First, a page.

County hits brakes on campus

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SUREAL cheers decision

County council has hit the brakes on a proposed multi-million dollar county campus project in response to public protests.

Sturgeon County council voted 5-1 in favour of a motion from Coun. Jerry Kaup to halt all work on a detailed design for the proposed county campus project Tuesday. Coun. Ferd Caron was opposed, while Coun. Susan Evans was absent.

Administration had recommended that council pay PCL Construction $349,826 to create detailed plans for the first phase of the county campus, which would include a municipal operations building, work yard and several storage buildings.

Construction was originally proposed to start this year on county lands next to the upcoming Morinville rec-centre, with a new fleet and administration building to follow in 2022 and 2025.

Exactly how much this project would cost is hard to pin down, as council has yet to determine the exact details of each building, said county corporate support manager Rick Wojtkiw in an interview.

A June 2016 analysis posted on the county’s website suggests that phase one would cost about $15.6 million, with the whole project costing $60.8 million. Mayor Tom Flynn has pegged the campus cost at $50 million.

A 2012 study (updated last year) suggested that the county would save about $11.6 million over 20 years by consolidating its staff into the operations building, as it would no longer have to lease space for them. Wojtkiw in council said that the county currently spends about $135,000 a year on leasing space.

Last week, some 200 people came to a special council meeting to protest the county campus and other issues. The citizens group that called for the meeting, SUREAL (Sturgeon United Residents for Effective Accountable Leadership), asked council to stop the campus project, pending a feasibility study.

Wojtkiw proposed a revised design process Tuesday that would cover questions such as green energy and heating options and result in a finished plan by December. He also suggested studying other efficiencies before proceeding with a design.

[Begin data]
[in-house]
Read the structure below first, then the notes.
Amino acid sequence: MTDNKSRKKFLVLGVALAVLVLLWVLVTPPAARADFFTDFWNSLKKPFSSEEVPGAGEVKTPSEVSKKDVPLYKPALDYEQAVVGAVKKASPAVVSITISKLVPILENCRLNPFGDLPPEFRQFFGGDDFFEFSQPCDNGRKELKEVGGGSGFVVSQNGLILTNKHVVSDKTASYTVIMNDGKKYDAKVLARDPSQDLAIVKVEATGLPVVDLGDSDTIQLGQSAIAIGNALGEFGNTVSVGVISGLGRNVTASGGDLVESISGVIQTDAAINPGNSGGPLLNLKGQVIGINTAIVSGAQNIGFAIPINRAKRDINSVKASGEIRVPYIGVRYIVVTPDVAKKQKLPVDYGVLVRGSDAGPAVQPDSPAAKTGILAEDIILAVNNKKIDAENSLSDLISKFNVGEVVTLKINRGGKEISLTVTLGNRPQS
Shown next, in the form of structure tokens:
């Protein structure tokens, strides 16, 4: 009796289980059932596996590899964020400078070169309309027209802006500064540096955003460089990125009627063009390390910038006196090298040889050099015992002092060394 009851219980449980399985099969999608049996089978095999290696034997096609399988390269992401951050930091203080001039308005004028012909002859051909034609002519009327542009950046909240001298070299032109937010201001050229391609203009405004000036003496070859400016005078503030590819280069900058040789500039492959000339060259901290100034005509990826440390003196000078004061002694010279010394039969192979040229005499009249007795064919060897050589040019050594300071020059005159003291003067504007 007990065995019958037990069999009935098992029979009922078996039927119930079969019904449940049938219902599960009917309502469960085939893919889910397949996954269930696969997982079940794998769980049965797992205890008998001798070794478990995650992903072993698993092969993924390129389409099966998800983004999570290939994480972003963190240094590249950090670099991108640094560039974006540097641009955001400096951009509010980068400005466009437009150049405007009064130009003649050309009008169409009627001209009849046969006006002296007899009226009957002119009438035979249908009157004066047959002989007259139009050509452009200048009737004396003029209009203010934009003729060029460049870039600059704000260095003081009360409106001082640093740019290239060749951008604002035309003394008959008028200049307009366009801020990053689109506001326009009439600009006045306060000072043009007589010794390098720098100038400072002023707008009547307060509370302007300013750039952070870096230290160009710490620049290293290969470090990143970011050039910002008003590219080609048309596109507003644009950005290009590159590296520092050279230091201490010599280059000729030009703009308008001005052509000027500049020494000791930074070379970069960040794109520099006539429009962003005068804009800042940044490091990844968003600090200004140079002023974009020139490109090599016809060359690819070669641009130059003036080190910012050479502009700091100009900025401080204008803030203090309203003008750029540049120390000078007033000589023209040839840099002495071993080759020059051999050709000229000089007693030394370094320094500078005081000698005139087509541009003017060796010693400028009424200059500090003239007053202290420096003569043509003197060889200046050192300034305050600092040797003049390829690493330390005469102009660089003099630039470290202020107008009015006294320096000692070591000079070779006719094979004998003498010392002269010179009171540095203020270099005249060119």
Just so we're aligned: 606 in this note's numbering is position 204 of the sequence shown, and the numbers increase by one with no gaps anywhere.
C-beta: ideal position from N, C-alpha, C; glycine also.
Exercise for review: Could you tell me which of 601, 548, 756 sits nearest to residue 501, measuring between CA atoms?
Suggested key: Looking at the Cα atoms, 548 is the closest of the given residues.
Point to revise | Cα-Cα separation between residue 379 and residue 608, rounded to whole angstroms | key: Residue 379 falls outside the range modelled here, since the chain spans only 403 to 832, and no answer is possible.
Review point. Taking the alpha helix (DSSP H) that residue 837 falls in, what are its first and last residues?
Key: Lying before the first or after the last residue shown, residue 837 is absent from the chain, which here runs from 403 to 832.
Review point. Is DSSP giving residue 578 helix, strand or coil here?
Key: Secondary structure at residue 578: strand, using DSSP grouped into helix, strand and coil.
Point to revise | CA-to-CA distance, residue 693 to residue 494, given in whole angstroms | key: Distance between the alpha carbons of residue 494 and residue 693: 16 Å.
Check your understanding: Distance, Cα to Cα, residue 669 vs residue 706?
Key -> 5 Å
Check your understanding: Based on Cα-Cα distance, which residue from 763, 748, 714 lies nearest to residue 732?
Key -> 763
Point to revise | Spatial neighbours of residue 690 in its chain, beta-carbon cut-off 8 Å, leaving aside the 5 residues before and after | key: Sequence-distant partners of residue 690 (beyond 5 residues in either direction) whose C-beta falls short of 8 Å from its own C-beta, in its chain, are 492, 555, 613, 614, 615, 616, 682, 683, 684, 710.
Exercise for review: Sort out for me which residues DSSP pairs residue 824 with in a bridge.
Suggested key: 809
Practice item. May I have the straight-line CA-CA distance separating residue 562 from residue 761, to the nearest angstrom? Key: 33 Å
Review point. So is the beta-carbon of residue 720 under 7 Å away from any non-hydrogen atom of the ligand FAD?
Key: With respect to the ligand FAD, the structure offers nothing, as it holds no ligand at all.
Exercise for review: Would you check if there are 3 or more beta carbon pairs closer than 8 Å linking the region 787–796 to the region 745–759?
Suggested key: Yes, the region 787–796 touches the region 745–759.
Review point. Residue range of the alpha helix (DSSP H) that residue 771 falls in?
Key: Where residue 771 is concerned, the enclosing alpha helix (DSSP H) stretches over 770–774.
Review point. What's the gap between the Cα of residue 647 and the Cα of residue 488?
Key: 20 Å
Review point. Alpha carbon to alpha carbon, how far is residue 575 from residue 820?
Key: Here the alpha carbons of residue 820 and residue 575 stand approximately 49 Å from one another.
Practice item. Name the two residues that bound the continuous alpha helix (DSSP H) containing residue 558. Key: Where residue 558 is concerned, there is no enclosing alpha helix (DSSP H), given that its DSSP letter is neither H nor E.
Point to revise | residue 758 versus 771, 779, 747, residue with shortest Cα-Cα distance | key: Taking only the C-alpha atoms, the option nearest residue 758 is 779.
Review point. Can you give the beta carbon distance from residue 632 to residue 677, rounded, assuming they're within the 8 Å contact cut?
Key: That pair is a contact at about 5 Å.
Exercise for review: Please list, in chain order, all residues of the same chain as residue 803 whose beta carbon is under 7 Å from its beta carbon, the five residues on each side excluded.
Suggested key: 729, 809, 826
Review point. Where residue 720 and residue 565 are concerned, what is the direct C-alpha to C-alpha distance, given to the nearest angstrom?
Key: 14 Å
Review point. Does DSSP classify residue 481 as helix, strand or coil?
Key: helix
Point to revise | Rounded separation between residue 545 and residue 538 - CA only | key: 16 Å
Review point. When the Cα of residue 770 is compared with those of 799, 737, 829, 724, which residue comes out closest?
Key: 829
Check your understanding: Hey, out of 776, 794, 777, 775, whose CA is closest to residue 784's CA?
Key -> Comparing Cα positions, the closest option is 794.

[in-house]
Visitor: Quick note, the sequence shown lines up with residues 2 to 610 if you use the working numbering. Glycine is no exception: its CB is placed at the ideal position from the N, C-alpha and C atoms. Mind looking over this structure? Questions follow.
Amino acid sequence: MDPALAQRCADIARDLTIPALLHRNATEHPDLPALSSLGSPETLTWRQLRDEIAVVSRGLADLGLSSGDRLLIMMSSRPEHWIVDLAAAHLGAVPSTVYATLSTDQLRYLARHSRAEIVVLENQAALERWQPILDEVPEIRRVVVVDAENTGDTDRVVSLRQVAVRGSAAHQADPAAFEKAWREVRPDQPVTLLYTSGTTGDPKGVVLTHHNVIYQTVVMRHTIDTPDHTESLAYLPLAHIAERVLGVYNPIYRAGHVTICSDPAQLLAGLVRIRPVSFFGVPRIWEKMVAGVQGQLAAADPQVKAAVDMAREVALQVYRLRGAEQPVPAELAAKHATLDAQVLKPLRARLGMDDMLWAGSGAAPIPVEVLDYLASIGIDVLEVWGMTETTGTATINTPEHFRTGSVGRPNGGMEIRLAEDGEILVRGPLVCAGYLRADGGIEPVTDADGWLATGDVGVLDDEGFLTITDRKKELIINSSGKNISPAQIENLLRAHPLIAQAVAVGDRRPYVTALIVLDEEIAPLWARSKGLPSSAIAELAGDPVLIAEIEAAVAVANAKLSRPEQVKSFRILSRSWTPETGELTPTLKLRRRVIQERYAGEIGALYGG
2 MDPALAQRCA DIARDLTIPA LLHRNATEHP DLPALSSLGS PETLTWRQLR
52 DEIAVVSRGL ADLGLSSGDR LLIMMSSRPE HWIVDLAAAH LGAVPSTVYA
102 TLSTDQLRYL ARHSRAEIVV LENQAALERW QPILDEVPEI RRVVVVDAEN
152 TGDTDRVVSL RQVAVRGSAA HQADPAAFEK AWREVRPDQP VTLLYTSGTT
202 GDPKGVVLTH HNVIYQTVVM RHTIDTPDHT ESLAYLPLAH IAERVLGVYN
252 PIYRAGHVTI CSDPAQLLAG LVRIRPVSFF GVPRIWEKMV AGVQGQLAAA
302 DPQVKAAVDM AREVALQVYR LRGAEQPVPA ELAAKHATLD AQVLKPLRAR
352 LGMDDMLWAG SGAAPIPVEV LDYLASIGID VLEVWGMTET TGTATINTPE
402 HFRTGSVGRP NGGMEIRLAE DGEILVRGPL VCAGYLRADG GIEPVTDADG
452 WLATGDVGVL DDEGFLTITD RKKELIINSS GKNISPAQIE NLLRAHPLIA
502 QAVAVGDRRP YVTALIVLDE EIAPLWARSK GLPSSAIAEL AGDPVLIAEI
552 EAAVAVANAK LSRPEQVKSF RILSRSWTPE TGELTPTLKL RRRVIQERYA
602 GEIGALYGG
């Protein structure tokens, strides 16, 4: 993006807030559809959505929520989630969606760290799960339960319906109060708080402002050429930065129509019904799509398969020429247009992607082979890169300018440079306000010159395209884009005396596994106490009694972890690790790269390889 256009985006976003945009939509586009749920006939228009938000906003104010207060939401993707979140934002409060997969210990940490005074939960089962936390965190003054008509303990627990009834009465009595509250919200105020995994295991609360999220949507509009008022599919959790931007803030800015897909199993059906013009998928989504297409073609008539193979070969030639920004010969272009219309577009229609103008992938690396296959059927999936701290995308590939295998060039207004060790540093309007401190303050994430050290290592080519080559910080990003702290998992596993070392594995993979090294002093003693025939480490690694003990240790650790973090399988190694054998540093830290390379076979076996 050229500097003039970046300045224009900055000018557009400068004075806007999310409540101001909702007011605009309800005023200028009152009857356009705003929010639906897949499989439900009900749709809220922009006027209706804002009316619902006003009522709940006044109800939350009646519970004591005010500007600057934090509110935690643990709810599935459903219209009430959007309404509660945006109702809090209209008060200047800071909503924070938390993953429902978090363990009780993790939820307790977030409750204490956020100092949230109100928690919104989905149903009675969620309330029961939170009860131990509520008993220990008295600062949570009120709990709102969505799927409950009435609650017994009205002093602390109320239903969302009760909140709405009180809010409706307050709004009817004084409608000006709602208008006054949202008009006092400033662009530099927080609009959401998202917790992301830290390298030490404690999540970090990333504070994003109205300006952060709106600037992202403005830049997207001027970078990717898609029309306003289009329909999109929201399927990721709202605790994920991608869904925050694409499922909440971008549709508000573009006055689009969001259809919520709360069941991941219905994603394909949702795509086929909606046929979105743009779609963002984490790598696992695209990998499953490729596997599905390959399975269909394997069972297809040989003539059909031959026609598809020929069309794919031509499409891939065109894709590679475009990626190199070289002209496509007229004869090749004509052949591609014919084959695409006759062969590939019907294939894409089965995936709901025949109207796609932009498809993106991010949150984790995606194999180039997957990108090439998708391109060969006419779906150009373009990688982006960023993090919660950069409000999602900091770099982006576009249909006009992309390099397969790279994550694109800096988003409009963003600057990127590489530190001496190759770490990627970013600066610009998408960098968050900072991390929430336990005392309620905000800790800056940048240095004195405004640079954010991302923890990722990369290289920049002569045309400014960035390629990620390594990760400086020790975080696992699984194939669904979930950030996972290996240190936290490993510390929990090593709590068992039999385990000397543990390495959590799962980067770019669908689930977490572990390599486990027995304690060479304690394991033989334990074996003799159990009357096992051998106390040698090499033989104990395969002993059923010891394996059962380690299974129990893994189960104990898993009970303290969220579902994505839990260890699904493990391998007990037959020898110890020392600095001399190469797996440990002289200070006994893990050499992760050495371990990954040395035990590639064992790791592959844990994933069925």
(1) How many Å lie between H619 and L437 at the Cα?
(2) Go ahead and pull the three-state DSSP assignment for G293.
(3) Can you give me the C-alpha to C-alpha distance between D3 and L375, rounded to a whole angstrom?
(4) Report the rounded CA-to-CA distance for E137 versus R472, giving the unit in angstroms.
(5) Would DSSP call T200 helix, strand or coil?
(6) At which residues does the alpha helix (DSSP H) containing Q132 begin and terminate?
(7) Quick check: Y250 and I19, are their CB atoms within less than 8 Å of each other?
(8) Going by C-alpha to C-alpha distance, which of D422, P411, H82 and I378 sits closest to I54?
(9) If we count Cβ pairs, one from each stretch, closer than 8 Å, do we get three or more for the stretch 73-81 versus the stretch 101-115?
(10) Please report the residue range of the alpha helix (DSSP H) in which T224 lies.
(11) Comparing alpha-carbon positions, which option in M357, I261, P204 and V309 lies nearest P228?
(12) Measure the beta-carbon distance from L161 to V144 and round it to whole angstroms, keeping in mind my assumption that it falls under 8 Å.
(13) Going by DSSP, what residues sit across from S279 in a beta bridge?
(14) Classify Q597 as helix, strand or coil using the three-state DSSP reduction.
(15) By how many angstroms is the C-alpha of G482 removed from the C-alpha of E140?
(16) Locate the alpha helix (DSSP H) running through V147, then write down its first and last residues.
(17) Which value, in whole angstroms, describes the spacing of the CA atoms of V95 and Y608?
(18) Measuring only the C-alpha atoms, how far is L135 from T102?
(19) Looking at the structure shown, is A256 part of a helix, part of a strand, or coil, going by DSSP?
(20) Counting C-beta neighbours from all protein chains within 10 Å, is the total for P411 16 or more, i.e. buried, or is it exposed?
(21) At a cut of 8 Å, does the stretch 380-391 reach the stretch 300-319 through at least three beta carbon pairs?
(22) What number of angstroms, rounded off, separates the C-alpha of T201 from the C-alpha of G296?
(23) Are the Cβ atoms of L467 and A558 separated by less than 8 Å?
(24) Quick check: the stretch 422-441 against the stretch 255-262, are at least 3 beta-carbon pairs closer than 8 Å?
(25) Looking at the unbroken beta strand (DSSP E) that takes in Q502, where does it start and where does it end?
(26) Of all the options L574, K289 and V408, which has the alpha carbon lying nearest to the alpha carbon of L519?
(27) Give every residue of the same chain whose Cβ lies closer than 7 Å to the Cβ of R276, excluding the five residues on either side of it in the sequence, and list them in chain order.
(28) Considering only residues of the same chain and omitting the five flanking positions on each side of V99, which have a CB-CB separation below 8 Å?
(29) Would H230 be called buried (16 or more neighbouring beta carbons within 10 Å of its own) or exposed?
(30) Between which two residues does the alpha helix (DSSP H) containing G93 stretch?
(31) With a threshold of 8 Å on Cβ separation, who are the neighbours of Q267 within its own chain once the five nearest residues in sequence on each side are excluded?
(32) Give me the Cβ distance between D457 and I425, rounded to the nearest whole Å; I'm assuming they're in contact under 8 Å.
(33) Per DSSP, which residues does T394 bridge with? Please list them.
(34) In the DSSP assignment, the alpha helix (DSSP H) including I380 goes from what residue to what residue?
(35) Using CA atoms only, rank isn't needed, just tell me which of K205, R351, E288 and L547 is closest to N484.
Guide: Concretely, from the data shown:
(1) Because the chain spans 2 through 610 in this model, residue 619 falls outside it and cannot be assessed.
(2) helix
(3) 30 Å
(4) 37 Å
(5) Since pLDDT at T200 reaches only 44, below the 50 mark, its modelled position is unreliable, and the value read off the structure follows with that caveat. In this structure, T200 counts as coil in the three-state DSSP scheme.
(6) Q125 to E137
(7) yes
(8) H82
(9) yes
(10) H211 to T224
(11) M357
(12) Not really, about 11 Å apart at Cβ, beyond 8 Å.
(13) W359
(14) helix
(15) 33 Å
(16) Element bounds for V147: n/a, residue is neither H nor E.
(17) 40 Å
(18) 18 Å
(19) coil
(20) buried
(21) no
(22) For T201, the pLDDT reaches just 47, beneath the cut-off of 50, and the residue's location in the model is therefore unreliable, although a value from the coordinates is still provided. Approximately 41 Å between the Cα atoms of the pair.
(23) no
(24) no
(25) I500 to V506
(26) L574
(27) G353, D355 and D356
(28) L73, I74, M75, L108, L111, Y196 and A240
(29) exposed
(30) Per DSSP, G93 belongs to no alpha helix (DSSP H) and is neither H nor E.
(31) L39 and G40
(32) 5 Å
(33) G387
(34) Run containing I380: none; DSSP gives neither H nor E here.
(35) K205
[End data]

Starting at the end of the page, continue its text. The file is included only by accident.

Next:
Mayor Tom Flynn said that the entire point of getting this design done was to be ready to act if any grants came up to support it.

“There was no commitment to building.”

He added, however, that the current slate of grants (such as the Canada 150 Fund) didn’t appear to apply to projects such as this one. He was also interested in hearing more about workplace efficiency and green energy concepts that could affect this building.

“We need to slow this down,” he said.

“I think there’s going to have to be a much longer consultation process with the public as we move forward.”

Coun. Jerry Kaup said that council went through a similar debate to this one back when it built its current county office. Council cut the building’s size by about a third due to public pressure, “and we’re paying for it now,” he said.

“At this time, we’d better hold off,” he said, acknowledging the pressure from SUREAL on the matter.

“We best just do the research and do a proper job when we build it.”

Wojtkiw noted that stopping the county campus would not stop plans to jointly service these lands with the Town of Morinville.

Caron argued that the cost of this project could easily rise in the future, and that council should have a plan to move quickly on it.

“To totally stop this just puts us behind the eight-ball if an opportunity arises.”

After the vote, Coun. Patrick Tighe withdrew a motion he had made to stop work on the county campus pending an independent feasibility analysis.

SUREAL spokesperson Don Levers, who was at the meeting, said he was happy council agreed to take a second look at the campus project.

“One of the issues we found while we were canvassing the residents was nobody really knew about what this county campus was,” he said.

He hoped council would further research the issue and bring more details to the community, hopefully through an open forum.

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Kevin Ma

Kevin Ma joined the St. Albert Gazette in 2006. He writes about Sturgeon County, education, the environment, agriculture, science and aboriginal affairs. He also contributes features, photographs and video.